Sunday, August 23, 2009

In which I honor a non-veg's request

In July, my good friends from CA came to visit me for a long weekend. They are both omnis, but having eaten my food before, trust me to feed them well. Still, the hostess in me needed a back up plan, so I bought a frozen dinner to have on hand just in case either of them wanted something else.

During that weekend we had my famous potstickers and now-famous lasagna (both recipes will be blogged the next time I make them). We also had these quick and easy raspberry turnovers.

When Sharon learned of my new blog, her first request was for this recipe. So here it is, Share-bear. Enjoy!

Almond-Raspberry Turnovers

1 package frozen puff pastry, thawed (Pepperidge Farm brand happens to be vegan!)
raspberry jam

For the icing:

1 cup powdered sugar
1/2 tsp almond extract
3 TBS soy milk
slivered almonds

Preheat oven to 400 degrees. Line a baking sheet with parchment paper.

Cut each piece of pastry into 4 or 5 pieces (a pizza cutter makes this easy).

Open each piece by unfolding it. Place about a TBS of raspberry jam in the center portion.

Fold the sides back up, first one then the other. Press gently to seal. If you don't, the jam will all melt and run out while they're cooking! And that just sucks.

Bake for 20-25 minutes on the middle rack, or until golden brown. Allow to cool for 30 minutes.

To make the icing, combine everything except the slivered almonds in a bowl and whisk until smooth. Drizzle over the cooled turnovers. Before icing sets, sprinkle with slivered almonds.

These are best served warm.

I've also made these into a hor'dourve-type dessert. To do so, cut puff pastry into squares. Top each square with a tsp of jam in the center (centering it is important; the jam will sort of sink in while it cooks, instead of running all over). Bake for about 10 minutes at 400 degrees. Top with icing and almonds when cooled, as above.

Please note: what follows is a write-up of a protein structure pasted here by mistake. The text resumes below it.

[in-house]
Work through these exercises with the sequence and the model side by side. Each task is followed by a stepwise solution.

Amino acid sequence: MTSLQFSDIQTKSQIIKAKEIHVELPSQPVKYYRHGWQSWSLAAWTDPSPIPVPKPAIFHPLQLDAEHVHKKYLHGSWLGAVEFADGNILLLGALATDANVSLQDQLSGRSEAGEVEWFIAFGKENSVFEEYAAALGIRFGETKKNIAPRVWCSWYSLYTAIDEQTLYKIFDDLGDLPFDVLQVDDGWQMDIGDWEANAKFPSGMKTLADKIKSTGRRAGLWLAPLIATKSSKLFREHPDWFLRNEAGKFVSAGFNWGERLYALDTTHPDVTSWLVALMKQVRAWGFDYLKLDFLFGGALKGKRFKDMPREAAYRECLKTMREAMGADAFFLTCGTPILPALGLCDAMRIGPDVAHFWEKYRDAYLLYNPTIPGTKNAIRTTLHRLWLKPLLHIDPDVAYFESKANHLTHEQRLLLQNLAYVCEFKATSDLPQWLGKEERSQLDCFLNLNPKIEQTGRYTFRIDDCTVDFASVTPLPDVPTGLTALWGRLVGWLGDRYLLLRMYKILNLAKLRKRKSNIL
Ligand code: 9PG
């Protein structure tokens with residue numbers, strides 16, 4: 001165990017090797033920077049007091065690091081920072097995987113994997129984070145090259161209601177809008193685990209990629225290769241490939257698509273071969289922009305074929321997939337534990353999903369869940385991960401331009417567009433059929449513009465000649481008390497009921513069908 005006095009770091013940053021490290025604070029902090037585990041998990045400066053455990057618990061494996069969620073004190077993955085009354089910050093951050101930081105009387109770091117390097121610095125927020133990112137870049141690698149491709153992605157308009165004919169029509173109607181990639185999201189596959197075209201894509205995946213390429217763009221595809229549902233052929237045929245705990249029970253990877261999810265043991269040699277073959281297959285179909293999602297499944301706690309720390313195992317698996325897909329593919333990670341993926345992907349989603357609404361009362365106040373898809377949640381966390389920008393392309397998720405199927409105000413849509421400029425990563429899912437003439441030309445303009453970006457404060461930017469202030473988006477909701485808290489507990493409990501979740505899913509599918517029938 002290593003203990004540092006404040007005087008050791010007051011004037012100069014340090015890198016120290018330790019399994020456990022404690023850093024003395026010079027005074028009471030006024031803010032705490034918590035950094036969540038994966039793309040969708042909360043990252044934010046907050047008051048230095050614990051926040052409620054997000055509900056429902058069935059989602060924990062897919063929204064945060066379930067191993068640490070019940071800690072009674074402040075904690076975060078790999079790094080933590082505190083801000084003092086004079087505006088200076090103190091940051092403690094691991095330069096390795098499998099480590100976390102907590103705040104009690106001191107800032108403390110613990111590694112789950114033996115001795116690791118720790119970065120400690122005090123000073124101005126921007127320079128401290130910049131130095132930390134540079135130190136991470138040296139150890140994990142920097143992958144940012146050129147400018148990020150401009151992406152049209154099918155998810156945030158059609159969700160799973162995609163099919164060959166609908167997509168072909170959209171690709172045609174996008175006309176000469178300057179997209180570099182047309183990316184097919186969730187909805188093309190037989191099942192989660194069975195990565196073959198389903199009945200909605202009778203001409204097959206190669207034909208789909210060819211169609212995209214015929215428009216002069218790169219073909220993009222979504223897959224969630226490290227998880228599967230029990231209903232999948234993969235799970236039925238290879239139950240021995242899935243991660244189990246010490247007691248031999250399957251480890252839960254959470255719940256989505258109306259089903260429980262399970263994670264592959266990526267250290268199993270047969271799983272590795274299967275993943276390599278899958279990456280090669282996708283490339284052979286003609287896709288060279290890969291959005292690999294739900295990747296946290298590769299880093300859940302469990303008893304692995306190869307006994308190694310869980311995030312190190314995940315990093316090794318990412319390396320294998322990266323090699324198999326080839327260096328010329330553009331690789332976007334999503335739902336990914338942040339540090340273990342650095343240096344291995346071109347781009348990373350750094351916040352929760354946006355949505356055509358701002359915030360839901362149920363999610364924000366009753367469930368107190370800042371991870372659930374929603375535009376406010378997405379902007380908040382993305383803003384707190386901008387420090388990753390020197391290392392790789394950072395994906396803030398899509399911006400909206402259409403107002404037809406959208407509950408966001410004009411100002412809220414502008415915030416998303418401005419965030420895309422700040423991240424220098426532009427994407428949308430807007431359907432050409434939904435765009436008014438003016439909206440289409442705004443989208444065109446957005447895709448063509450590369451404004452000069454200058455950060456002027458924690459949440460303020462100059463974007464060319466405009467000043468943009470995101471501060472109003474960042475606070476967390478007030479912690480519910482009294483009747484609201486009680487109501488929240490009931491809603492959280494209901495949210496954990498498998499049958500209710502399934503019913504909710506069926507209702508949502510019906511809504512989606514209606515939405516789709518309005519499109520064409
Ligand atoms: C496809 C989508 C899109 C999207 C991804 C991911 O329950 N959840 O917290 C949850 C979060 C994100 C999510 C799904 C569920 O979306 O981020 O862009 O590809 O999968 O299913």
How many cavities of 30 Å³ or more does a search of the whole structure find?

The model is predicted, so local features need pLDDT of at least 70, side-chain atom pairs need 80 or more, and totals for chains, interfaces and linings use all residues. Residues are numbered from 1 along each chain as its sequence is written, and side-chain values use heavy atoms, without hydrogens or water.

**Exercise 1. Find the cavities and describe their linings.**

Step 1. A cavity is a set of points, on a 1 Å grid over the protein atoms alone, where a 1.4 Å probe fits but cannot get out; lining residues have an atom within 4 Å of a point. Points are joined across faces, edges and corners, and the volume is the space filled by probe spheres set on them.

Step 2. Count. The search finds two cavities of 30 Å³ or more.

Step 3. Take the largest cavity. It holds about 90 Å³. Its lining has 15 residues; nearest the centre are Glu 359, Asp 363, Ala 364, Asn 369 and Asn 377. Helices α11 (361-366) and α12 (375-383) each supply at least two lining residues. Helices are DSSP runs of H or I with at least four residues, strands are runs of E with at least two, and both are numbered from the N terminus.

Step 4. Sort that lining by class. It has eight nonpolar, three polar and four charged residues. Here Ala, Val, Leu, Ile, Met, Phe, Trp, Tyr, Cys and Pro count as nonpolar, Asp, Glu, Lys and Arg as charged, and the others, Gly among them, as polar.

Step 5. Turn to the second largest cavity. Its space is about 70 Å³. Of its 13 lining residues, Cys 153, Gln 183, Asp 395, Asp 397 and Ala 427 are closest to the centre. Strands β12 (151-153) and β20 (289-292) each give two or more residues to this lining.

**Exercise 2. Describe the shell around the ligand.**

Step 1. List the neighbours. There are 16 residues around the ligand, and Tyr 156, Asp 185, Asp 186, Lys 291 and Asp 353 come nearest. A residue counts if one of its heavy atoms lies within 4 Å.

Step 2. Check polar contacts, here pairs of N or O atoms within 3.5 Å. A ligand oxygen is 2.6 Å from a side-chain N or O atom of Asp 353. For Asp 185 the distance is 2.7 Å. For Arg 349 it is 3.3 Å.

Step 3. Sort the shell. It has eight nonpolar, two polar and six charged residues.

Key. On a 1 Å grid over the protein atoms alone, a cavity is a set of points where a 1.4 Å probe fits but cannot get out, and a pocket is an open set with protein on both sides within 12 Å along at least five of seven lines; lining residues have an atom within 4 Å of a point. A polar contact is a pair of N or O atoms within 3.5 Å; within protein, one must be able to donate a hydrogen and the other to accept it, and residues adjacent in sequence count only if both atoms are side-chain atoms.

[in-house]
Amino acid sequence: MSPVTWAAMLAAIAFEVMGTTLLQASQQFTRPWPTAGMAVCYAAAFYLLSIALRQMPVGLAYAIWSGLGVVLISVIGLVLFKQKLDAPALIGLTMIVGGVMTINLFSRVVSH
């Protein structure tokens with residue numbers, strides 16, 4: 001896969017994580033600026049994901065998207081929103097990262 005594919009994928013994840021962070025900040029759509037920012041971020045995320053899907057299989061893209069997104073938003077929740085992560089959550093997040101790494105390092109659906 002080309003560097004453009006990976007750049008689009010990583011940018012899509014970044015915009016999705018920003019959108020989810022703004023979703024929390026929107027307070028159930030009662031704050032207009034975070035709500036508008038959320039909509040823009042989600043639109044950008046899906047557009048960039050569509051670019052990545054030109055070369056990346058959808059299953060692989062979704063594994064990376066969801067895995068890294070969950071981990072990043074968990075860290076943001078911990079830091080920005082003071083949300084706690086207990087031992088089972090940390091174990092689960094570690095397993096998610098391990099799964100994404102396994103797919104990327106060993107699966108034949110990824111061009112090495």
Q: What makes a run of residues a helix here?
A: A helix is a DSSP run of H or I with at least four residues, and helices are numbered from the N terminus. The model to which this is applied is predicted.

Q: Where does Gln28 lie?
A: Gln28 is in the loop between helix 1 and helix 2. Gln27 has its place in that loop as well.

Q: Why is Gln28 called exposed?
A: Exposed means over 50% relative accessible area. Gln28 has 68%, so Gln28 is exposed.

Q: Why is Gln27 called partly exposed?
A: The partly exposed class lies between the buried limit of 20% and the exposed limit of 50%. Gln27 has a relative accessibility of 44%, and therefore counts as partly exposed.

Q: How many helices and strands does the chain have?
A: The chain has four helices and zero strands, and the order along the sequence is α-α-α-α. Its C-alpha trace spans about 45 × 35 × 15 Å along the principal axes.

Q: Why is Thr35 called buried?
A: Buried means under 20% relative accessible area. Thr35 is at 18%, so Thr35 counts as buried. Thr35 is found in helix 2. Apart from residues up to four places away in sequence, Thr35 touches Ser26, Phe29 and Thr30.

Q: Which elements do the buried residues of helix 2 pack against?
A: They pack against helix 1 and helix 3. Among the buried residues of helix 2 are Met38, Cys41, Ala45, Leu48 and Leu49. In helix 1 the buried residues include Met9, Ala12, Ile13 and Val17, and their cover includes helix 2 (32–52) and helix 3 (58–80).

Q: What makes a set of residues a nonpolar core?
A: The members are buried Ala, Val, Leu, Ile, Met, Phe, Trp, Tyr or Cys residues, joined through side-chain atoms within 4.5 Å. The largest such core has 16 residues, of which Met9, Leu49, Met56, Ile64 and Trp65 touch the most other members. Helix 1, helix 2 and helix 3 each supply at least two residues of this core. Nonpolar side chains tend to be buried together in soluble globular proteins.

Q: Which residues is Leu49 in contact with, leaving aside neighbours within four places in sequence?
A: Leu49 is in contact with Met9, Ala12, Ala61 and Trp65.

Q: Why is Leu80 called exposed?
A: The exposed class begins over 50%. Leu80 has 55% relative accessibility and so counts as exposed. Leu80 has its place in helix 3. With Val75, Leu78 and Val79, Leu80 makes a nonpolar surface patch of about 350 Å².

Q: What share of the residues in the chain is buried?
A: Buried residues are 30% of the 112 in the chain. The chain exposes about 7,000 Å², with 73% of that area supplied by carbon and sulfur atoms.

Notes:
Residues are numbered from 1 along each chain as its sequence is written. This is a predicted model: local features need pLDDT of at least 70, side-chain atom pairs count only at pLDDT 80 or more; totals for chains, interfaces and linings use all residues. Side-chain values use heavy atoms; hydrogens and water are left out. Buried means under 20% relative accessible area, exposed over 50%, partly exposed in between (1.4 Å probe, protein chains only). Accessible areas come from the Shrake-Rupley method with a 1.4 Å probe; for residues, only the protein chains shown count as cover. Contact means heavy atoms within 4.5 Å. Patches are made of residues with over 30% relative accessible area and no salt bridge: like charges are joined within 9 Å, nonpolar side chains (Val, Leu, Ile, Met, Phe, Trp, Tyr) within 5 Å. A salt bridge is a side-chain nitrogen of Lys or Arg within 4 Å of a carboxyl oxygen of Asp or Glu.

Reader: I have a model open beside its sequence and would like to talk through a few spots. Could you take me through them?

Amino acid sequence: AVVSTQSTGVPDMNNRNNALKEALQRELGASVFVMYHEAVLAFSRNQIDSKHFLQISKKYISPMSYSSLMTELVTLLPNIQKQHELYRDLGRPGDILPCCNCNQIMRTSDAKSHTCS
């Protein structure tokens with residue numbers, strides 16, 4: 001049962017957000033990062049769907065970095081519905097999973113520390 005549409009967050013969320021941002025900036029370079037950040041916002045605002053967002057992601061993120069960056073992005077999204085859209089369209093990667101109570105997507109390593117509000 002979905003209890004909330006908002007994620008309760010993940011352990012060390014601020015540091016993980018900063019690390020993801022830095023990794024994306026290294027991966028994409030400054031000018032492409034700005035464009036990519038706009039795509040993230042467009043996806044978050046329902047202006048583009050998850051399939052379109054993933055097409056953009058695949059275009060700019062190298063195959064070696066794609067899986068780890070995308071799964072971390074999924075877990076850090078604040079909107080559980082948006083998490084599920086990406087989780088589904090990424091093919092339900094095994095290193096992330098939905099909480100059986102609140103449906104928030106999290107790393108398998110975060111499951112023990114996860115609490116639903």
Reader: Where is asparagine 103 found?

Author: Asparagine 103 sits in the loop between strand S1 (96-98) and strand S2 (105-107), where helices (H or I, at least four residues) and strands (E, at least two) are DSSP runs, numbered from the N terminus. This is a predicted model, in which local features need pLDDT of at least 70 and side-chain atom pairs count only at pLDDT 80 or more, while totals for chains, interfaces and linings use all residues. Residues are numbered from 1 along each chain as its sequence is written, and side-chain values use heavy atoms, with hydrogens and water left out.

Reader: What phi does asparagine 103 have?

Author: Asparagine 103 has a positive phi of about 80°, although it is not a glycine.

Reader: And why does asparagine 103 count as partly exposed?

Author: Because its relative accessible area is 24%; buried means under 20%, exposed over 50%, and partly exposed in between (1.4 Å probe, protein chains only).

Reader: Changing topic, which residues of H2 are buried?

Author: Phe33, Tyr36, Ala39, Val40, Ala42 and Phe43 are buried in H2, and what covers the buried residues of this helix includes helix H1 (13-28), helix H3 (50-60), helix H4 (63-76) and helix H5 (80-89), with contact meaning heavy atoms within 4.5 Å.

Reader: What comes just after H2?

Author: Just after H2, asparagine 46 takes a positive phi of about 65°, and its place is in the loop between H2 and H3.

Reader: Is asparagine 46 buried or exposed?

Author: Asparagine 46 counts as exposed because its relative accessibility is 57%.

Thursday, August 20, 2009

In which I loathe tofu

I have a confession to make.

I hate tofu.

Ok, that's not really true. It's ok in hot n' sour soup. And I've had it a few times in restaurants, battered and fried (which just seems wrong) and it's "ok." I can eat it, but I don't really love it.

Then I went to P.F. Changs. Now P.F. Changs is a little bit of veg heaven, since everything on the vegetarian menu is vegan. I also hate making a fuss in restaurants, so going somewhere, where I can order stuff right off the menu, is lovely to me.

And that's how I met P.F. Changs' veggie wraps. The contrast of the little chewy bits of tofu, the crunch of the lettuce, the spicy tang of the sauce. YUM.

Turns out I do like tofu when it's chewy and not mushy, and is imbued with soy sauce and ginger and garlic.

It wasn't long until I had to make my own. I started by buying some pre-baked tofu at the grocery store, and the texture is great, but it's hella expensive. So I've also learned to make my own baked tofu, too.

The lettuce wraps aren't exactly the same as P.F. Changs, but they are close enough to satisfy my cravings. The only really bad thing about them is that I have to share with the kids :/

Veggie lettuce wraps
Serves 4 for dinner; more as an appetizer

1 block extra-firm organic tofu, drained and pressed**
4oz shitake mushrooms, diced